This period reflects the gradual move towards closure that began after Mr. Bertin sold his company to Cibo in 1993. Competition in the French bicycle market was fierce as preferential tariffs disadvantaged French domestic producers leading to withdrawal by some firms like Peugeot and bankrupty for others like Motobecane.
Cost savings in everything from materials, assembly techniques, automation and graphics were applied to allow bicycle producers and component producers a chance to survive. As part of this relentless process, decals were simplified and made interchangeable on the top tube, seat tube and down tube in the earlier part of the decade. The headtube badge was replaced permanently with a vertically stacked and italicized version of the down and seat tube name. Paint schemes were initially simplified and used a base colour with contrasting fades applied over them as in this example.
After Mr. Bertin’s death in 1994, the new owners moved further away from the materials, techniques and appearances of the classic era Bertins. Traditional steels remained as a frame material with some new types but in addition to lugged and brazed framesets many others were TIG welded. Aluminum in both Vitus lugged/bonded and Columbus welded versions remained in the line up and the welded bikes became a larger and larger part within the Bertin catalogue of offerings.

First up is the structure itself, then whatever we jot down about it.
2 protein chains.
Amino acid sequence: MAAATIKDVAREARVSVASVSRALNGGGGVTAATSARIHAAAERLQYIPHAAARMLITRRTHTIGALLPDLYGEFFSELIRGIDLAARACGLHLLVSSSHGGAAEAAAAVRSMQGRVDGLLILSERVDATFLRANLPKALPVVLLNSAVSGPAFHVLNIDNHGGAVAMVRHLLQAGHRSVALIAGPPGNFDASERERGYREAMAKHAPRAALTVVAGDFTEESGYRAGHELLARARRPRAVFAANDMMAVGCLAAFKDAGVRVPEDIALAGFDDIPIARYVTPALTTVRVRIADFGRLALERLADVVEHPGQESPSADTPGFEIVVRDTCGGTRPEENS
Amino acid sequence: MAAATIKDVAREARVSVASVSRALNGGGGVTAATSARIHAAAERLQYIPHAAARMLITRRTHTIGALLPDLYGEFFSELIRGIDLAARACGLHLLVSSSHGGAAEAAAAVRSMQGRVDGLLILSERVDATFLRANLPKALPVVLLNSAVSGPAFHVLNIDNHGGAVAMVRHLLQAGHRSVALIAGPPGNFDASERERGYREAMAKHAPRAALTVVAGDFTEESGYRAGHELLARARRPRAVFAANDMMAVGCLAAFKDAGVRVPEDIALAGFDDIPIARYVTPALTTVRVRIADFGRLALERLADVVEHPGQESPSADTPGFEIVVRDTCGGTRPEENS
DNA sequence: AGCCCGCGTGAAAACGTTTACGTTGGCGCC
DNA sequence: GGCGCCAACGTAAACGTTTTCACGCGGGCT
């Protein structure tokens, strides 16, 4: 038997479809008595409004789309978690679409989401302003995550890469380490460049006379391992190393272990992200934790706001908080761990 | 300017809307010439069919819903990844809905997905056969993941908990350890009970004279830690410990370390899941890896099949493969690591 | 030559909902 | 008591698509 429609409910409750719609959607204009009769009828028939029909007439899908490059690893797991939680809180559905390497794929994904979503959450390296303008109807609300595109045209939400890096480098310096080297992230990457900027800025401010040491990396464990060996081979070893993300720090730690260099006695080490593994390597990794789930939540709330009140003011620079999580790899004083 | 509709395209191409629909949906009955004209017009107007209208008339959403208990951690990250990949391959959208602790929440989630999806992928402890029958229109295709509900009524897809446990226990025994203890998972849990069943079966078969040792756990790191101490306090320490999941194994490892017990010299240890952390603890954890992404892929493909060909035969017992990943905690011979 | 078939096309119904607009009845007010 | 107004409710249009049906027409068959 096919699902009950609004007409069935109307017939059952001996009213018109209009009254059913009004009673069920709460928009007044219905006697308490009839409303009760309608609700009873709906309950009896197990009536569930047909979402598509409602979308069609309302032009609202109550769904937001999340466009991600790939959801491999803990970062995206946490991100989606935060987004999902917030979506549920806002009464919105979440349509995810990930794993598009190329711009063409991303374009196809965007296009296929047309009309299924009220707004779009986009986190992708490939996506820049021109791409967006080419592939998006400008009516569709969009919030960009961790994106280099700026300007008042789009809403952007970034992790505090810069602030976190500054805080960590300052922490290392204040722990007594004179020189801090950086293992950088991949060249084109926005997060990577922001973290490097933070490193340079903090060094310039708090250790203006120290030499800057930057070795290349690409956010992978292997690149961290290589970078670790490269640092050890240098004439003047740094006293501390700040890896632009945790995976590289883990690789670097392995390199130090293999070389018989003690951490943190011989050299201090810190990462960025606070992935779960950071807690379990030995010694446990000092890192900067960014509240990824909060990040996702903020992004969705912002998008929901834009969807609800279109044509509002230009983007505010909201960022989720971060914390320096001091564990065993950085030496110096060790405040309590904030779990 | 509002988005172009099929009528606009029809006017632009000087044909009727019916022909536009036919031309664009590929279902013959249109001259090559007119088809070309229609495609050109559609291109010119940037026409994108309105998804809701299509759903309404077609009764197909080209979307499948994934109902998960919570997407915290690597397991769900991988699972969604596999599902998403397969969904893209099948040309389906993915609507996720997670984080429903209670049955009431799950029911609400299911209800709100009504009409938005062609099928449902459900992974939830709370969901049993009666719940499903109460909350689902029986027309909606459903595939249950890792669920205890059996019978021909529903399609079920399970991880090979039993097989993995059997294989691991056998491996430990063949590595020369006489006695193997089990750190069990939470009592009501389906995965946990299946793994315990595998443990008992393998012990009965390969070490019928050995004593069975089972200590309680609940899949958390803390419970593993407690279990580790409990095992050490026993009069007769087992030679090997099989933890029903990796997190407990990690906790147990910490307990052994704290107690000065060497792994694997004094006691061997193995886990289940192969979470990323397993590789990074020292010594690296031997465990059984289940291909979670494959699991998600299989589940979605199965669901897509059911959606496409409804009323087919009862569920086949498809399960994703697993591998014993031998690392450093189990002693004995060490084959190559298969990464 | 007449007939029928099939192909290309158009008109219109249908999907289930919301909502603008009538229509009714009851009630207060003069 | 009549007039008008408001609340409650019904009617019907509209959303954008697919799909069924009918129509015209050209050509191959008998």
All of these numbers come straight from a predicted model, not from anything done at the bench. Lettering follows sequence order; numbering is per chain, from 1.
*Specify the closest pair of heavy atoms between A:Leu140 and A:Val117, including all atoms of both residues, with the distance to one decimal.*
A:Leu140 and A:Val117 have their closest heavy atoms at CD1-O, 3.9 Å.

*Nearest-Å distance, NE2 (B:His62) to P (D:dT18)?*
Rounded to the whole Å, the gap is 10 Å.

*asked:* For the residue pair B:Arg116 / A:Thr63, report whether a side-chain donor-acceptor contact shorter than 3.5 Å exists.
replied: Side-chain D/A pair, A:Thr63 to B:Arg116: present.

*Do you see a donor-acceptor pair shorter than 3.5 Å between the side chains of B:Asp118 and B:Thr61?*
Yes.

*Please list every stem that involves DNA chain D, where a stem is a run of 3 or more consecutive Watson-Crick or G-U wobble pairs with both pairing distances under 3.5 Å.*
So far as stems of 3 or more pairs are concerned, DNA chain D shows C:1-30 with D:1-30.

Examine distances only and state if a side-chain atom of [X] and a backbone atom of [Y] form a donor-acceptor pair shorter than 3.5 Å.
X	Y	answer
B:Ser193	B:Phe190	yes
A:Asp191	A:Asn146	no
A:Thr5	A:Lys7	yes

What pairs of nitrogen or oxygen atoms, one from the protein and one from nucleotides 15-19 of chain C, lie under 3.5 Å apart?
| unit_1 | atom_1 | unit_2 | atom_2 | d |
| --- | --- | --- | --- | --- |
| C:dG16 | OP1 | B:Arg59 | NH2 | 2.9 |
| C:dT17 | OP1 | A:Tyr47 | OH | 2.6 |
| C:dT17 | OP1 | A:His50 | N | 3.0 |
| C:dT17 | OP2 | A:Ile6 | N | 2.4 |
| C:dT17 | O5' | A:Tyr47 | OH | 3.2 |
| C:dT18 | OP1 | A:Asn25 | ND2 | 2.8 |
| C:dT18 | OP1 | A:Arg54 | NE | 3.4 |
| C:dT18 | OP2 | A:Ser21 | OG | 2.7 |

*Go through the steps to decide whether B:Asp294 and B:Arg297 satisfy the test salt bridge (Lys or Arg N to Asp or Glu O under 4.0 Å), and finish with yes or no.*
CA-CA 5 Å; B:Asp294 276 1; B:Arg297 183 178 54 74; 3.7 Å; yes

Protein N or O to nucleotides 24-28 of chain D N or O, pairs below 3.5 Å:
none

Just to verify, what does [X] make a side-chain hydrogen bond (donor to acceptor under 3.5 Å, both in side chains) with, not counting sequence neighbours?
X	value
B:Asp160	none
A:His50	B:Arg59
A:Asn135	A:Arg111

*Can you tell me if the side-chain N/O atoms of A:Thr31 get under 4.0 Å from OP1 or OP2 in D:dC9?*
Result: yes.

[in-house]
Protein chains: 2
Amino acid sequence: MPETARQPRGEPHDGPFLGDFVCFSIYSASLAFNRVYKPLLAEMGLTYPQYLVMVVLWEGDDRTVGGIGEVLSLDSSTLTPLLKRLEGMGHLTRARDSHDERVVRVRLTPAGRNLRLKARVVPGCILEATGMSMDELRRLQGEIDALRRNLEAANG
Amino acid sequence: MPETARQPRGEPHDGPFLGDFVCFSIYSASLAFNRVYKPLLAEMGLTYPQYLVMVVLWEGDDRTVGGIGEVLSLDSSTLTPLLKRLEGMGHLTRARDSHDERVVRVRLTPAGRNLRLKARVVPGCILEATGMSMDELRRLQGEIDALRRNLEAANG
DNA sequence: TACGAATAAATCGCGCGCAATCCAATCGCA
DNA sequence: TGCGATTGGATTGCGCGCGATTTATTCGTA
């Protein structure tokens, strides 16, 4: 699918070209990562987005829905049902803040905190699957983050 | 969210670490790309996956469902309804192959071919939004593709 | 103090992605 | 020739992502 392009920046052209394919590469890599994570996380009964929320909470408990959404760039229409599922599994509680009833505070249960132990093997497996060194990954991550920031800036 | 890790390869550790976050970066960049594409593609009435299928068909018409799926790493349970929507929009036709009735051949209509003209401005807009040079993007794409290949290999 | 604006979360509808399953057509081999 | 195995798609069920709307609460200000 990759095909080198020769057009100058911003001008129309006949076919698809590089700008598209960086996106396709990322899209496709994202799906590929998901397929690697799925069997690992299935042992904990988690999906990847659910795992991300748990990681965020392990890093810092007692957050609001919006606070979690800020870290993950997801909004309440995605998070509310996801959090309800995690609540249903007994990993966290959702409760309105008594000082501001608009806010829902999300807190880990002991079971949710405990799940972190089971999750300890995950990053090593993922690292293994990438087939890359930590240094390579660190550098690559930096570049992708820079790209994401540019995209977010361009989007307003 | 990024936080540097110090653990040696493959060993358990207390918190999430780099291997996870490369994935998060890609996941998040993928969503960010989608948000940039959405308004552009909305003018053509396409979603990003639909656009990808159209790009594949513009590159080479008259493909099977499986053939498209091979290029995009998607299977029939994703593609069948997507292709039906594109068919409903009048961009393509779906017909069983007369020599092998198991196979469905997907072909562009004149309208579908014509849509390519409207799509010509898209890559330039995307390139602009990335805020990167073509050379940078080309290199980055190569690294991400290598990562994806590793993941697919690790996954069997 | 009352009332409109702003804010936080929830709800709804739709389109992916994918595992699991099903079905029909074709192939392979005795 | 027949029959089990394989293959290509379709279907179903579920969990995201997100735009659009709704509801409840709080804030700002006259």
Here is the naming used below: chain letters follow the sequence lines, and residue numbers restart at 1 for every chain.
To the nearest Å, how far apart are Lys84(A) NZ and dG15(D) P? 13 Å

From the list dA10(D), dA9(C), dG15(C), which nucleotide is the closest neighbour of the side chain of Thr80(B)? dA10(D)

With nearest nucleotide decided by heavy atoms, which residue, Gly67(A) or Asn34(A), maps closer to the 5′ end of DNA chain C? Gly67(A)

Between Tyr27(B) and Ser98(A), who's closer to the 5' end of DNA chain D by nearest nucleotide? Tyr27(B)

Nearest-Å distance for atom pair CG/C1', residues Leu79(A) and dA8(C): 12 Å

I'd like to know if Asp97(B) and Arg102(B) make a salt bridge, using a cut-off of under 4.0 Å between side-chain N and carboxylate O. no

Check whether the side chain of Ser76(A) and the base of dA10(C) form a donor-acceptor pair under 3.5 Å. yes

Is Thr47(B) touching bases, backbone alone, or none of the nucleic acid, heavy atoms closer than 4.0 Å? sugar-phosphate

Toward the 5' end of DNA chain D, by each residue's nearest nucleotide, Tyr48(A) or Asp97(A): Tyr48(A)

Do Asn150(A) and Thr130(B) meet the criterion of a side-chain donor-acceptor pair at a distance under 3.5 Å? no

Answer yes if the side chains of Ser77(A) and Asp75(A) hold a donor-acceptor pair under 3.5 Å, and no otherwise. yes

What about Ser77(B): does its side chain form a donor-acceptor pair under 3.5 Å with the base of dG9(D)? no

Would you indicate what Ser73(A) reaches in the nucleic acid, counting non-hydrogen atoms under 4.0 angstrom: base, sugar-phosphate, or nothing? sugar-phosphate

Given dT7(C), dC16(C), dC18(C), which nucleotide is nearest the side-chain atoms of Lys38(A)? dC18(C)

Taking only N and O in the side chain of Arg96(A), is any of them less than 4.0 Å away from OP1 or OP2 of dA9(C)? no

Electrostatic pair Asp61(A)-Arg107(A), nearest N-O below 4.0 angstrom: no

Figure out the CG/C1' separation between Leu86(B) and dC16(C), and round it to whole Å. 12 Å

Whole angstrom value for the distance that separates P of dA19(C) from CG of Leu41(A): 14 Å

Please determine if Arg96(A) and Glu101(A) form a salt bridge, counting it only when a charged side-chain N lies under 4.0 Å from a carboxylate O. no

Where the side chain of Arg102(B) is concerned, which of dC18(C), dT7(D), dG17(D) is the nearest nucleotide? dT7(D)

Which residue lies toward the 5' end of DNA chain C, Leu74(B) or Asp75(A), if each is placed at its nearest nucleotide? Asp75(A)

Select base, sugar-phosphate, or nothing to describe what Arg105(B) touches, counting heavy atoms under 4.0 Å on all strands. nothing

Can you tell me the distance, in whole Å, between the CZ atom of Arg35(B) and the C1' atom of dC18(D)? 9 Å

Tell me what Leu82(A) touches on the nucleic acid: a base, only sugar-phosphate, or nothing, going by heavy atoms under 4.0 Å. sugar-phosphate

Details on the sequence of the decal styles hereafter is conjectural due to lack of reference materials. Nonetheless, the simplification and shift to semi-compact design and TIG welded framesets was consistent through this period to the end of production around 2000. The old eagle/tricolour head badge was replaced by lettering as shown above and then by a highly stylized lower case letter b. It may have been that the trademark was no longer available after Mr. Bertin’s sale of the company because Shimano retains control of the trademark to this day. Paint treatments were either single colour or two colours seperated by transitional decals. Graphics were on clear, peal and stick film and did not appear to have clear coat over them. Vitus bonded aluminum frames continued branded as Bertins with Bertin style decals scaled to the size of the smaller tubeset.
This welded, aluminum framed Bertin C 4000 has what I believe to be an earlier style of graphics. Later models of both TIG’d steel and welded aluminum used the dual colour format discussed earlier.
This paint scheme had small lower case b’s on the seat stays and the front of the fork blades with a larger coordinating one on the head tube. The Vitus Futural frames were liveried similarly to the other single colour bicycle shown above as can be seen in this photograph.
Forks on the different models varied. Some were raked steel, some straight bladed, others were welded or bonded alloy. At the very last of the 90s/2000 some frames were seen with carbon forks although these may have been aftermarket replacements. See the examples below.
According to former production manager Alain Merlier, production at the Bertin factory ceased in 2000. Bikes were still sold after that date, probably as NOS, floor models and such like. The latest bike known to me is the owner identified 2003 model in the following photograph. It appears to be one of the last of the last and its graphics would seem to be representative of the final production style.